12/22/2011, French Harbo
Holiday baking. Note the drill is back in action for cookie dough mixing. Note the open galley window. How many of you are doing your holiday baking with the windows open! Connie made her world famous chocolate crunchies and all the ingredients were available in the store including the correct cereal (special K) and butterschotch chips. We have to give Roatan high marks when they have all the ingredients for a family favorite. The only issue is that after almost 24 hours the chocolate covering is not quite hardening back.
Went to the dentist today for a cleaning and to have this broken tooth looked at. Found an American trained local man who speaks perfect English and with a new practice is running 'specials'. Said he can do a crown for $250 which when we did have dental insurace would be more than that after the deductible!. Connie pointed out that with a temporary crown I couldnt eat any chocolate Crunchies! I hope she gains ten pounds!
Now we are trying to organize some Christmas movies. We have Holdiday Inn and White Christmas and thats all. I was making a case for Die Hard I and Die Hard II both of which take place on Christmas Eve but Connie wasn't buying?? We used to have Its a wonder ful life and The bishops Wife among others but they are on VCR tapes and no longer playable.
Enjoy your holidays
12/20/2011, French Harbor
Went for dive 5 on Monday moring early. My friends on Sognare have a nifty dive camera that makes great still but really great movies. However I dont have the band width to download movies just now so something to look forward to.
This eel actually will follow you around which is a little unsettling because that is not there normal behaviour. They rarely leave their hole and 'fish' from their hole, however some dive groups are obviously feeding them to make a "great " experience for the tourists. Sorry I am a bit of a purist and don't think we should feed wild animals but that's just me.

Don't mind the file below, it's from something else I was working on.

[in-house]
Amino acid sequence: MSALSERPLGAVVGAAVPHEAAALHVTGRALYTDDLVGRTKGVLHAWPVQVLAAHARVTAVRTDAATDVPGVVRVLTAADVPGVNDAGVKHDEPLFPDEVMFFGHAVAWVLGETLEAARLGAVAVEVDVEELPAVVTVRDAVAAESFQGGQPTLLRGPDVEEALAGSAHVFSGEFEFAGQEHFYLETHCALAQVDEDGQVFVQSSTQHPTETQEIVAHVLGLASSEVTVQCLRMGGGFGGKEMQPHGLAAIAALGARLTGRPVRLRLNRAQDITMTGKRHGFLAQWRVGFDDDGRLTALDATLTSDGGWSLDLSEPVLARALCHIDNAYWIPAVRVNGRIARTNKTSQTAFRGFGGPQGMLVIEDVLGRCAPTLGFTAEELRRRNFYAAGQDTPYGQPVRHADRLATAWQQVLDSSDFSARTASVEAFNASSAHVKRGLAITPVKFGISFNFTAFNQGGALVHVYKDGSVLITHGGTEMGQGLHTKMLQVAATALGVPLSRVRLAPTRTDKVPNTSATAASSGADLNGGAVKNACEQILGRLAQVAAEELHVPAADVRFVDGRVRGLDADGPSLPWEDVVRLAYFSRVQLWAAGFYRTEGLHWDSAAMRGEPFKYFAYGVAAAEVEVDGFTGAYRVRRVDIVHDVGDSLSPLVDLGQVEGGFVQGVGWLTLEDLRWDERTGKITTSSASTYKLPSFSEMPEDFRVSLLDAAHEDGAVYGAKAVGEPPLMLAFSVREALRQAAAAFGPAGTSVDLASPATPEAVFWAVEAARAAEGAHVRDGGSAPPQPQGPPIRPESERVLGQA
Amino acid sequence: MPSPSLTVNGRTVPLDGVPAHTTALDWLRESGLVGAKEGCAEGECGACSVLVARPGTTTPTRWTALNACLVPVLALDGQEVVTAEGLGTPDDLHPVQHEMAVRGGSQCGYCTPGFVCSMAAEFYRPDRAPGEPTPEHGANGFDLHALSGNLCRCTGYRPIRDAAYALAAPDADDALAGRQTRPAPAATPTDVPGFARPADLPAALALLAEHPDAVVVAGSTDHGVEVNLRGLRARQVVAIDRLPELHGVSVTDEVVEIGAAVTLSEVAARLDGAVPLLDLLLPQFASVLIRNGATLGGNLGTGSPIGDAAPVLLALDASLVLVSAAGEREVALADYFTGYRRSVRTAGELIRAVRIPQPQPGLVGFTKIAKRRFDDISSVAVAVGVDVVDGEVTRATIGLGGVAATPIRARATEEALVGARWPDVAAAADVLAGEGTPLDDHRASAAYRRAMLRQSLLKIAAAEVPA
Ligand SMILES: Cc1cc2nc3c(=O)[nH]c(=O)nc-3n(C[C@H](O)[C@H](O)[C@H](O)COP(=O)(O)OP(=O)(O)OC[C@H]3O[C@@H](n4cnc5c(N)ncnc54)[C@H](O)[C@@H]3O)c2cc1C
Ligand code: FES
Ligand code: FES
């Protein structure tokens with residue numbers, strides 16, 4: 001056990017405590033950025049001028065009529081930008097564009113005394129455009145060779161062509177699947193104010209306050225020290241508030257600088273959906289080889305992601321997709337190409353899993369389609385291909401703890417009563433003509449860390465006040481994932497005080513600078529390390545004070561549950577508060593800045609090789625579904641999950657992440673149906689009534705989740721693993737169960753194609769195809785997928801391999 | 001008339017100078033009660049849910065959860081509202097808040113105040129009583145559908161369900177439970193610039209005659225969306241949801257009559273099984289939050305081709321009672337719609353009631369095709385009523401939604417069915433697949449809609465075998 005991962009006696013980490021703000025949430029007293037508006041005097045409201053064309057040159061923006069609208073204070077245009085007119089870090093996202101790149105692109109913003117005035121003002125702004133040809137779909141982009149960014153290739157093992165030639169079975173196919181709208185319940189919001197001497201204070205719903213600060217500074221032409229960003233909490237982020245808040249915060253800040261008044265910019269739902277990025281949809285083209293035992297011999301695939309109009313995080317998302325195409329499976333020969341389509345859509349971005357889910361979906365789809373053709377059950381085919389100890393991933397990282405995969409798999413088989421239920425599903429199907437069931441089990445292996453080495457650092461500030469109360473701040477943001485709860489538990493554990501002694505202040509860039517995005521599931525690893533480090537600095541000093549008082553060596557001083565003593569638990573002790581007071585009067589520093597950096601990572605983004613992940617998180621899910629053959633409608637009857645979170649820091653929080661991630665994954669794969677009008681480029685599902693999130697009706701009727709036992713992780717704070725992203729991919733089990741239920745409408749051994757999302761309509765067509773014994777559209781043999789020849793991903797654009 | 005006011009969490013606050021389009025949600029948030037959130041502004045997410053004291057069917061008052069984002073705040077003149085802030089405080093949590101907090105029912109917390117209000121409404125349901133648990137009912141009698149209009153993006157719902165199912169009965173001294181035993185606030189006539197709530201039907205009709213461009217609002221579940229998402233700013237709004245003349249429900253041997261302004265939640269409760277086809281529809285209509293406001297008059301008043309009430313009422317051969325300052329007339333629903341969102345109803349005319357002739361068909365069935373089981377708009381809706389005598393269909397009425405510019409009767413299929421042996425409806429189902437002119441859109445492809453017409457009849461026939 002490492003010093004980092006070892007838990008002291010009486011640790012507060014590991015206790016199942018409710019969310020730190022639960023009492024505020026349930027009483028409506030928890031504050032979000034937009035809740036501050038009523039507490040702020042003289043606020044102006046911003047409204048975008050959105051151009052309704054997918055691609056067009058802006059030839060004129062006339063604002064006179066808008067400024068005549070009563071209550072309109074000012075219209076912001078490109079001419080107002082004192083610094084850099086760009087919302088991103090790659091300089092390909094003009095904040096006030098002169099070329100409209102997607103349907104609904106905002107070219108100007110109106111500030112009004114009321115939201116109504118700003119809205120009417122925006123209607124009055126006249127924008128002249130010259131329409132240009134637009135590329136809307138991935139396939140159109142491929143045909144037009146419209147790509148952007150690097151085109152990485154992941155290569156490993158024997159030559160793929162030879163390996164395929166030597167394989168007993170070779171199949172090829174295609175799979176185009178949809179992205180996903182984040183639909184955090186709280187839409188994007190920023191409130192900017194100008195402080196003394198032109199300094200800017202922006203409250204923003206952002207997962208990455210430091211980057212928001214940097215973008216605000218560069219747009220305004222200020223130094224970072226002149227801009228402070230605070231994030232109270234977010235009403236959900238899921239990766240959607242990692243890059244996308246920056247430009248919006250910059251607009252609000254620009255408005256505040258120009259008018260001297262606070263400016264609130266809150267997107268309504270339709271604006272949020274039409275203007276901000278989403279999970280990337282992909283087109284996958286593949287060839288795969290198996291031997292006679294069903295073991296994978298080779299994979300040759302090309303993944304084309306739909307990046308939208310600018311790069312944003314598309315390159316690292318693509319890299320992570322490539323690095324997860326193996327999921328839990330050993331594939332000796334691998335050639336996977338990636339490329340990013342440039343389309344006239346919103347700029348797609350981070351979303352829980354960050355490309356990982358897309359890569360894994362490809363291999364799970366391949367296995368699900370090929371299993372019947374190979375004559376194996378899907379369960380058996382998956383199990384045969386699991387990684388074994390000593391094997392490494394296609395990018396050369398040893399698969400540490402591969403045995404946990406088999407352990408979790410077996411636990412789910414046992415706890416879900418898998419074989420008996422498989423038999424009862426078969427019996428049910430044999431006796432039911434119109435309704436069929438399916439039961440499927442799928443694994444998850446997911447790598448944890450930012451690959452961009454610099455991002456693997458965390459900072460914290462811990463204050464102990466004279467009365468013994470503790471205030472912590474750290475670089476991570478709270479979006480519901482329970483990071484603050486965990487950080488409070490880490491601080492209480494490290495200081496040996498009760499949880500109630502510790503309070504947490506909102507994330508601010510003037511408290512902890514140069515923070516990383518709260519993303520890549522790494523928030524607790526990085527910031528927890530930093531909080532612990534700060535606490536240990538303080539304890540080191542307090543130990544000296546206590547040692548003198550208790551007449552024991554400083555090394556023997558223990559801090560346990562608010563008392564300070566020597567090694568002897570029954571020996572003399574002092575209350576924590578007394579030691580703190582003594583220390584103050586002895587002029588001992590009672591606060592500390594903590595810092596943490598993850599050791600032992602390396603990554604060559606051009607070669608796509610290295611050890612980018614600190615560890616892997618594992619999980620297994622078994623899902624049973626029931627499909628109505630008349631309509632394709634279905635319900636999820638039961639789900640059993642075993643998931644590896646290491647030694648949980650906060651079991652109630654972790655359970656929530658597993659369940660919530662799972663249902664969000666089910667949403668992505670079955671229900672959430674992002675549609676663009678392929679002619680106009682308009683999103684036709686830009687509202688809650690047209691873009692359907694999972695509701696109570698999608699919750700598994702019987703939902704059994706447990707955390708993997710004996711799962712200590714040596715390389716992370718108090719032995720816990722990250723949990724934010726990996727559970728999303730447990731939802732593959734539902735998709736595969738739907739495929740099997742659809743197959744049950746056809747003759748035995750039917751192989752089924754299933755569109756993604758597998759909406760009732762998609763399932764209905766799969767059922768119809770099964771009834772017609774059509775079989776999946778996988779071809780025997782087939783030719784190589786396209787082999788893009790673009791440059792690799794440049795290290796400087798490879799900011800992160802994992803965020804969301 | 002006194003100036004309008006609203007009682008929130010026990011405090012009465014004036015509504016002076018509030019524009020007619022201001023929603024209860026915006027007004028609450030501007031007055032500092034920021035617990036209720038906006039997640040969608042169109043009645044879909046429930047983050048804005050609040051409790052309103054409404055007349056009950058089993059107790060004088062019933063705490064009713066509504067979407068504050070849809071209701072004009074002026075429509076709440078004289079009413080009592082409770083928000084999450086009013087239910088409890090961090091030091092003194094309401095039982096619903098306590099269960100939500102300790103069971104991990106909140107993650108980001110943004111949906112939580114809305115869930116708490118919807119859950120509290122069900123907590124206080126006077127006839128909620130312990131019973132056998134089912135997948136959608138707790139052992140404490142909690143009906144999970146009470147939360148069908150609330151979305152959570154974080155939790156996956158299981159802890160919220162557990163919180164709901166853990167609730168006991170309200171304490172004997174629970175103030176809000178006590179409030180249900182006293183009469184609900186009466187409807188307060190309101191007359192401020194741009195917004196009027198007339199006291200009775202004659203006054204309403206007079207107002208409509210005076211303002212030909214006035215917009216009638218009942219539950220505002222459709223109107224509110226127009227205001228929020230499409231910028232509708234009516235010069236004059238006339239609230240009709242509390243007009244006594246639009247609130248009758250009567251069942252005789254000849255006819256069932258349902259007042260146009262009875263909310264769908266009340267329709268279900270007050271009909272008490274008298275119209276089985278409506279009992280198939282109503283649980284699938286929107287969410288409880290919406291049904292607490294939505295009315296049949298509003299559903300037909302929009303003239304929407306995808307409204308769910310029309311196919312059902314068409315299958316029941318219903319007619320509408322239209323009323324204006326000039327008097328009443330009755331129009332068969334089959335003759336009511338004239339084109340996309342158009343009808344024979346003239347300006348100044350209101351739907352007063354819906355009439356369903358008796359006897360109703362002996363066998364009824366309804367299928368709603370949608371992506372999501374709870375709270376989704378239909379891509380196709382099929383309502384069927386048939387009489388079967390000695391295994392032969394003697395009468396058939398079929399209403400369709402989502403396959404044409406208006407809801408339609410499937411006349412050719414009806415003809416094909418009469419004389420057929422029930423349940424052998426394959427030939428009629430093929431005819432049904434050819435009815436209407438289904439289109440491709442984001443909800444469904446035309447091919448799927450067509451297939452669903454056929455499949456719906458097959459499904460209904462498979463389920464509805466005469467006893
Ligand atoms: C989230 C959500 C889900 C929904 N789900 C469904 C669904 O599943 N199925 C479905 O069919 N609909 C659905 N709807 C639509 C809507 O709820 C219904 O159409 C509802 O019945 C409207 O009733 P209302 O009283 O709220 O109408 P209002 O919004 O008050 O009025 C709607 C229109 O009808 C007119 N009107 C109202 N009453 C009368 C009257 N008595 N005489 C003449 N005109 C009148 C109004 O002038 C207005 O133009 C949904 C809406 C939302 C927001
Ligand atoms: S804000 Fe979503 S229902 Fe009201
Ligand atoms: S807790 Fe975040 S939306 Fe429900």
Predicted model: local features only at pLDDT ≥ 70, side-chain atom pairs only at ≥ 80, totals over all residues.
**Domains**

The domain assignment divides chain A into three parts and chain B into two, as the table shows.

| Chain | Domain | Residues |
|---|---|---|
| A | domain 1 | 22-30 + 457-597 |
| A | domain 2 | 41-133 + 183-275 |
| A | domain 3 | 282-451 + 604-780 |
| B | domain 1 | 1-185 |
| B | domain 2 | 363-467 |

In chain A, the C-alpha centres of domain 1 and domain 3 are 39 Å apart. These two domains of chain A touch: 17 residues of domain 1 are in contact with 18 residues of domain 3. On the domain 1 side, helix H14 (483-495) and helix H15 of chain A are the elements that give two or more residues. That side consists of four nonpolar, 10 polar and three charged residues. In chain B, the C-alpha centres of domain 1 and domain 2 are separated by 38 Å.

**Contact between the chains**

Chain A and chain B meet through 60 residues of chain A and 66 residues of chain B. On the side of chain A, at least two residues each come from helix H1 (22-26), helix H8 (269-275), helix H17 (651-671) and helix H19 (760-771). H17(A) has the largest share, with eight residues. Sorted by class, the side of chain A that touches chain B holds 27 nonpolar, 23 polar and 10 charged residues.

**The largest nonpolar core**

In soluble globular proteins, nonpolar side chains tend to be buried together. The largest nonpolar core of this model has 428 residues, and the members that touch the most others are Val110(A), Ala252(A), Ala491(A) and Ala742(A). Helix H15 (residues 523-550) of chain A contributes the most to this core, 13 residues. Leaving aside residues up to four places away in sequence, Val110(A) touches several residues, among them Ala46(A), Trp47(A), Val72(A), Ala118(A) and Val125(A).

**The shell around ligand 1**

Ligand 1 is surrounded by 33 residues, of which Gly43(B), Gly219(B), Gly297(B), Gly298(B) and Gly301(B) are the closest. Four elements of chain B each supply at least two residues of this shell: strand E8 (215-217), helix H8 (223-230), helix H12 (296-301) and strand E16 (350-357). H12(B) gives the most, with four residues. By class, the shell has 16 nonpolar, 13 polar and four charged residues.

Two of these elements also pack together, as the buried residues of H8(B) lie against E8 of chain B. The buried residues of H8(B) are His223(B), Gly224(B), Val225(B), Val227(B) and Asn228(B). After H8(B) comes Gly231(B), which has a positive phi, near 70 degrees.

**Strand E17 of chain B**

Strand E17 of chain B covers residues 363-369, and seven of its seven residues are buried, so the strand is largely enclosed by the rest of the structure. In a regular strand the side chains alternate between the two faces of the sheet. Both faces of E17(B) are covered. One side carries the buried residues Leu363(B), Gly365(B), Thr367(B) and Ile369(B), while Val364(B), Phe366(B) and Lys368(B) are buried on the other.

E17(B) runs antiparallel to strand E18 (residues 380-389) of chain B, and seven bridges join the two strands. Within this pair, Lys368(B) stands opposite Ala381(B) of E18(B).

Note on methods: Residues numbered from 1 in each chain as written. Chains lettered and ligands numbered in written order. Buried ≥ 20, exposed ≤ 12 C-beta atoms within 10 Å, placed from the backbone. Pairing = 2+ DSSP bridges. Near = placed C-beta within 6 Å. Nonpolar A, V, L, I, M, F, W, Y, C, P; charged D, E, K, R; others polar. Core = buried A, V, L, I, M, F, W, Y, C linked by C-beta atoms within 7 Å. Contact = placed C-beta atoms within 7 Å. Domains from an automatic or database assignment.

Monday afternoon we visited Sailors Run to view Jeff's solo trip around Cape horn. In 2008 he made a voyage from Peru to Buenes Aries via Cape Horn.
Three storms of 60kts or more 45 days for 5600 miles all alone.
Great story. Sailors Run has been out from Long Branch WA for 13 years! and they have more travels left in them.
12/18/2011, French Harbor
Saturday I went for my fourth dive of the Roatan stay. I went with a coupld from Australia anchored near by so I am diving with a buddy. Connie will not dive but only snorkel.
There are dive operations everywhere with resorts and scuba centers. People fly in from literally all over the world to dive this area. Within a quarter of a mile of our anchored boat there are dozens of dive sites complete with mooring balls. Instead of paying top dollar for a dive experience, we just hop in the dinghy zip out to the spot, tie on to the mooring ball and then dive a wreck or a wall or both. I am not wearing a wet suit because you dont need one although many people wear them. I put this pix in so you wouldnt get confused and think I was the diver with the dolphins